Conservation today is instead about putting people first, allowing change, and redefining what damage is. The people and stories associated are just as important, if not more important, than the material. The key to a contemporary approach to conservation is to allow change, to engage, and to gain new insights from encounters. “Contemporary theory of conservation calls for ‘common sense’, for gentle decisions, for sensible actions. What determines this? Not truth or science, but rather the uses, values and meanings that an object has for people. This is determined by the people” (Muñoz Viñas 2005: 212). Facilitating community engagement with the things in museum collections and the people from whom they originate are part of the transformation that conservation practice is undergoing. Creating access to the museum’s collections, just as we did on that day, 21 September 2022 in Fischbek, is a step in that direction.

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[1] Museum talk with Dan Hicks and Barbara Plankensteiner: “The decade of returns - exhibition practice after the era of universal museums.” Museum am Rothenbaum – Kulturen und Künste der Welt. September 21, 2022 6pm (last viewed 15 Sept 2022).

[2] Museum talk with Felicity Bodenstein: “The Long History of the Return and Restitution of the Benin Royal Treasures to Nigeria.” Museum am Rothenbaum – Kulturen und Künste der Welt. September 15, 2022 (last viewed 15 Sept 2022).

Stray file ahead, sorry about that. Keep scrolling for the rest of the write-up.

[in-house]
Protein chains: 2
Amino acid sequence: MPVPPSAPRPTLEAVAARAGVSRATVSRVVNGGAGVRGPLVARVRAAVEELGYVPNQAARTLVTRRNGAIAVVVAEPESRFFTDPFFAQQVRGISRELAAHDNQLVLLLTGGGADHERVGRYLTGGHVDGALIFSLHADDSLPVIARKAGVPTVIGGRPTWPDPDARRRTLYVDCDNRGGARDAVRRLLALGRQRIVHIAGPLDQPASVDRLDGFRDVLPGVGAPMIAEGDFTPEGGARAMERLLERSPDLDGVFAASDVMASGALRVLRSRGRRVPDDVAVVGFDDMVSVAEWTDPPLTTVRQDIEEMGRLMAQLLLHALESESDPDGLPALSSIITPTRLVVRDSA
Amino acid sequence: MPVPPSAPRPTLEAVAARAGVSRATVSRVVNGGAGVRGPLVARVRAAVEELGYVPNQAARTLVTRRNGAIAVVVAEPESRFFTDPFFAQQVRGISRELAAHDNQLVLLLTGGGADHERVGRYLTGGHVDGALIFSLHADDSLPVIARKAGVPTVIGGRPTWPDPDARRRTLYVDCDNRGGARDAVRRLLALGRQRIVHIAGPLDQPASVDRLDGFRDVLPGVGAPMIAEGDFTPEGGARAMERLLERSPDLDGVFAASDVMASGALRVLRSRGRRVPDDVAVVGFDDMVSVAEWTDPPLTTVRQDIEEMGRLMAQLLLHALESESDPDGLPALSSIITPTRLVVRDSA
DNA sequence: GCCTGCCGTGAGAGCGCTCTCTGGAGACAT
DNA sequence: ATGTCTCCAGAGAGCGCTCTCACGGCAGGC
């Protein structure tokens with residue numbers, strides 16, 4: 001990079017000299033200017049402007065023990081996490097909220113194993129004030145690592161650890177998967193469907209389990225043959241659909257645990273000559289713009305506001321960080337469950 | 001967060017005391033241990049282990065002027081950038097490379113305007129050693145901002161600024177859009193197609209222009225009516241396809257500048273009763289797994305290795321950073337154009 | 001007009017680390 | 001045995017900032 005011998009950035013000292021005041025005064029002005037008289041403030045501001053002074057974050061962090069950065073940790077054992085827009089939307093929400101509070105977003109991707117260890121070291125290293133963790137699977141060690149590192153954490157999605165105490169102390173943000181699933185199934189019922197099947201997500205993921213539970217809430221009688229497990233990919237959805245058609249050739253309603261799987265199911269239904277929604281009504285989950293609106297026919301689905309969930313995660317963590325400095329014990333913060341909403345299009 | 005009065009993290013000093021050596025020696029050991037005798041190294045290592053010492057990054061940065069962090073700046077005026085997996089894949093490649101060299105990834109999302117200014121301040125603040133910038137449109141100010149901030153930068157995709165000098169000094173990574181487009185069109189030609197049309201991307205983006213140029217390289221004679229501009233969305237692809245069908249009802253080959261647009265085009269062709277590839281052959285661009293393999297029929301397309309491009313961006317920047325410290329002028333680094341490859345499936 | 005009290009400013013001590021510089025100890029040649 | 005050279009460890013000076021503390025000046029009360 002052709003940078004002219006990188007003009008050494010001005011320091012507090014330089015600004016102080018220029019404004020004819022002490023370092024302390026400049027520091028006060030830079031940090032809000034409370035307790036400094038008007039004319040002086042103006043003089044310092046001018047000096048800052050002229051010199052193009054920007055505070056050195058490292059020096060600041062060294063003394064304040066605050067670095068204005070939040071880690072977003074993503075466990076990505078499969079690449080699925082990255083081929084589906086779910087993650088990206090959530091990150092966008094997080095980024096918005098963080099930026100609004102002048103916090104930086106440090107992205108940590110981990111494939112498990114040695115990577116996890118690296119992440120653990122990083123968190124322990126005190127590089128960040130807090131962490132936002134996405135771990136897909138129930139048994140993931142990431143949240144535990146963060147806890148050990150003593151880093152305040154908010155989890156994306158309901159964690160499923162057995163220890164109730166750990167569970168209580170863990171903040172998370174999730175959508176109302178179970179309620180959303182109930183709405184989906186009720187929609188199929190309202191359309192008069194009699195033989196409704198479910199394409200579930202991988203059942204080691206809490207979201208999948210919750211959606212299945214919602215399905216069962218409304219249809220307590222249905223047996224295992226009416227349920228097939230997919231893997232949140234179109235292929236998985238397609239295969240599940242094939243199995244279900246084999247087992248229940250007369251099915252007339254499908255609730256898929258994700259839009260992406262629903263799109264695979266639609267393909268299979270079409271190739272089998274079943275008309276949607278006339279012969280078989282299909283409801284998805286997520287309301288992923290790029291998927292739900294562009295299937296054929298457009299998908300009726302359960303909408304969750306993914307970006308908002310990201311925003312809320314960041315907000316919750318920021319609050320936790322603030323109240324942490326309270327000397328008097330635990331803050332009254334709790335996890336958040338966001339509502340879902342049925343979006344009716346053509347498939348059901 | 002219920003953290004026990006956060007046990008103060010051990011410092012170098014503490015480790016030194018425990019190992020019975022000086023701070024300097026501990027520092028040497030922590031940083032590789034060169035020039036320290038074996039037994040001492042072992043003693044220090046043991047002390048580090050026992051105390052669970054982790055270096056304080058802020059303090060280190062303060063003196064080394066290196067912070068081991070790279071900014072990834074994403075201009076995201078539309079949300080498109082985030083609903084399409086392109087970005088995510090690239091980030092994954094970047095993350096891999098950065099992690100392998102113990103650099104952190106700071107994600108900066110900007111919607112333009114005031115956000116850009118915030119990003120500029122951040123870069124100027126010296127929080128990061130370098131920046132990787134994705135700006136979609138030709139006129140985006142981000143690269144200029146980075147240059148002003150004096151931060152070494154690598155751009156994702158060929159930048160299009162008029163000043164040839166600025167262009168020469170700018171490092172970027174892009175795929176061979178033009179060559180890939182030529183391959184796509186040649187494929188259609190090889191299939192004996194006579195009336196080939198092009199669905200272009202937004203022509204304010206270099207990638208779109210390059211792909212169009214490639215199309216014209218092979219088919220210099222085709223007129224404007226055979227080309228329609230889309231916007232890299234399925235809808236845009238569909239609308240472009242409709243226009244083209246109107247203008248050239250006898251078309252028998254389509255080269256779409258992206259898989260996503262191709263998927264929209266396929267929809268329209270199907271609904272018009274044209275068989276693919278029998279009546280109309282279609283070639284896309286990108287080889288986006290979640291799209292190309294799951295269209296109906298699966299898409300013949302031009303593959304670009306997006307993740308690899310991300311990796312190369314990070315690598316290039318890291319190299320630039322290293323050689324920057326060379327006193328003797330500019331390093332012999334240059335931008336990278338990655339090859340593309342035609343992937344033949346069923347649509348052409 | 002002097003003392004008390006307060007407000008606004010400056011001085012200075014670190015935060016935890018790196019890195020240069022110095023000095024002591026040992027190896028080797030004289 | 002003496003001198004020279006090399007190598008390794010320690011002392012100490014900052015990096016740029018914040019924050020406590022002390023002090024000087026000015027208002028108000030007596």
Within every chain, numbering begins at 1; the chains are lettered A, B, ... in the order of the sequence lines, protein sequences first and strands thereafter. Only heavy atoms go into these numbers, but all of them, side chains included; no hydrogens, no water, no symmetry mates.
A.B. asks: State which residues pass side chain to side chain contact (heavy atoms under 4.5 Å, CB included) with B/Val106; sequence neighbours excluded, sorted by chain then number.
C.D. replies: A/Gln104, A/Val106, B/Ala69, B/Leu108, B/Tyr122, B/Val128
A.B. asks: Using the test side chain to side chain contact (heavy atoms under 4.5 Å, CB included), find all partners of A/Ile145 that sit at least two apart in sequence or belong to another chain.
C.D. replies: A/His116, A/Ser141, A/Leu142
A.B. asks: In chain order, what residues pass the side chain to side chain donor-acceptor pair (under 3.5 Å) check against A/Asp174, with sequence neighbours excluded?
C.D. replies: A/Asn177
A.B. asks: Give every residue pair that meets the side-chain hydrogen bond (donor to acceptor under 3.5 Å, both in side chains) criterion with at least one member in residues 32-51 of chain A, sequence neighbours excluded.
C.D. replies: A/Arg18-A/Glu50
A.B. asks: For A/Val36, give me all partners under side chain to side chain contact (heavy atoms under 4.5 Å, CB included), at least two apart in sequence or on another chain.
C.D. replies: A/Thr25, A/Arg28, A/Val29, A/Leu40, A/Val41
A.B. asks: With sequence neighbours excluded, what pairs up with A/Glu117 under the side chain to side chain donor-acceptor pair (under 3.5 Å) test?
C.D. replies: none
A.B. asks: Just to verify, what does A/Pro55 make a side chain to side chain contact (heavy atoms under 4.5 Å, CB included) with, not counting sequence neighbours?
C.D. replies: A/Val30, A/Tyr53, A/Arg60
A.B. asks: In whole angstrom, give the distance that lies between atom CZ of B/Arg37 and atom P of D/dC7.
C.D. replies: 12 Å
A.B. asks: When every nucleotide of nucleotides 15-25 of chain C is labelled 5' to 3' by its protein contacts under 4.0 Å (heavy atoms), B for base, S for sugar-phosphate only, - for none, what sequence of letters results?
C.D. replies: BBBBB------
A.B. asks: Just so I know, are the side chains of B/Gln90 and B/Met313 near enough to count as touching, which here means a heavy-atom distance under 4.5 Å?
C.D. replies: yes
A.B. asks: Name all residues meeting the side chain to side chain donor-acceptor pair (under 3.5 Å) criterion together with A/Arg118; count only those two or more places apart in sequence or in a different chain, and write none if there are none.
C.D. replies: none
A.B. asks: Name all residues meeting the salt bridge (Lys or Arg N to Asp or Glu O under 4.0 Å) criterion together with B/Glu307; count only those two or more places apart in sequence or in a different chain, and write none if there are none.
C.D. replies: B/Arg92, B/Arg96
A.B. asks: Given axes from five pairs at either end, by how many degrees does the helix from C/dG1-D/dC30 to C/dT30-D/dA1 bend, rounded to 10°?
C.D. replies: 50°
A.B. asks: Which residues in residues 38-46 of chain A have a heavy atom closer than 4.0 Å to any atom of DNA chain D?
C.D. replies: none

[3] See the British Museum online collection (last viewed 15 Sept 2022).

[4] Heidi Swierenga „It’s just like day parole: the temporary release of family belongings from institutional holdings“. Talk at the digital workshop “From Conservation to Conversation – Rethinking Collections Care” in September 2021 at MARKK (last viewed 15 Sept 2022).

References

Avrami, Erica C. 2009. “Heritage, Values, and Sustainability.” In Conservation: Principles, Dilemmas and Uncomfortable Truths, edited by Alison Richmond und Alison Lee Bracker, 177–83. Oxford: Butterworth-Heinemann in association with the Victoria and Albert Museum London.

Bernstein, Bruce. 1992. “Collaborative Strategies for the Preservation of North American Indian Material Culture.” Journal of the American Institute for Conservation 31(1):23–29.

Clavir, Miriam. 2002. Preserving What Is Valued: Museums, Conservation, and First Nations. Vancouver: UBC Press.

Fekrsanati, Farideh, and Hélia Marçal. 2022. “Affirming Change in Participatory Practices of Cultural Conservation.” In Participatory Practices in Art and Cultural Heritage: Learning Through and from Collaboration, edited by Christoph Rausch, Ruth Benschop, Emilie Sitzia, and Vivian van Saaze, 127–42. Studies in Art, Heritage, Law and the Market 5. Cham: Springer.

Muñoz Viñas, Salvador. 2005. Contemporary Theory of Conservation. Oxford: Elsevier Butterworth-Heinemann.

Sully, Dean, ed. 2007. Decolonizing Conservation: Caring for Maori Meeting Houses outside New Zealand. Walnut Creek: Left Coast Press.

Swierenga, Heidi. 2021. “A subtle shift: The care and use of Indigenous belongings after the ‘Calls to Action.’” In Transcending Boundaries: Integrated Approaches to Conservation. ICOM-CC 19th Triennial Conference Preprints, Beijing, 17-21 May 2021, edited by J. Bridgland, 1–8. Paris: International Council of Museums.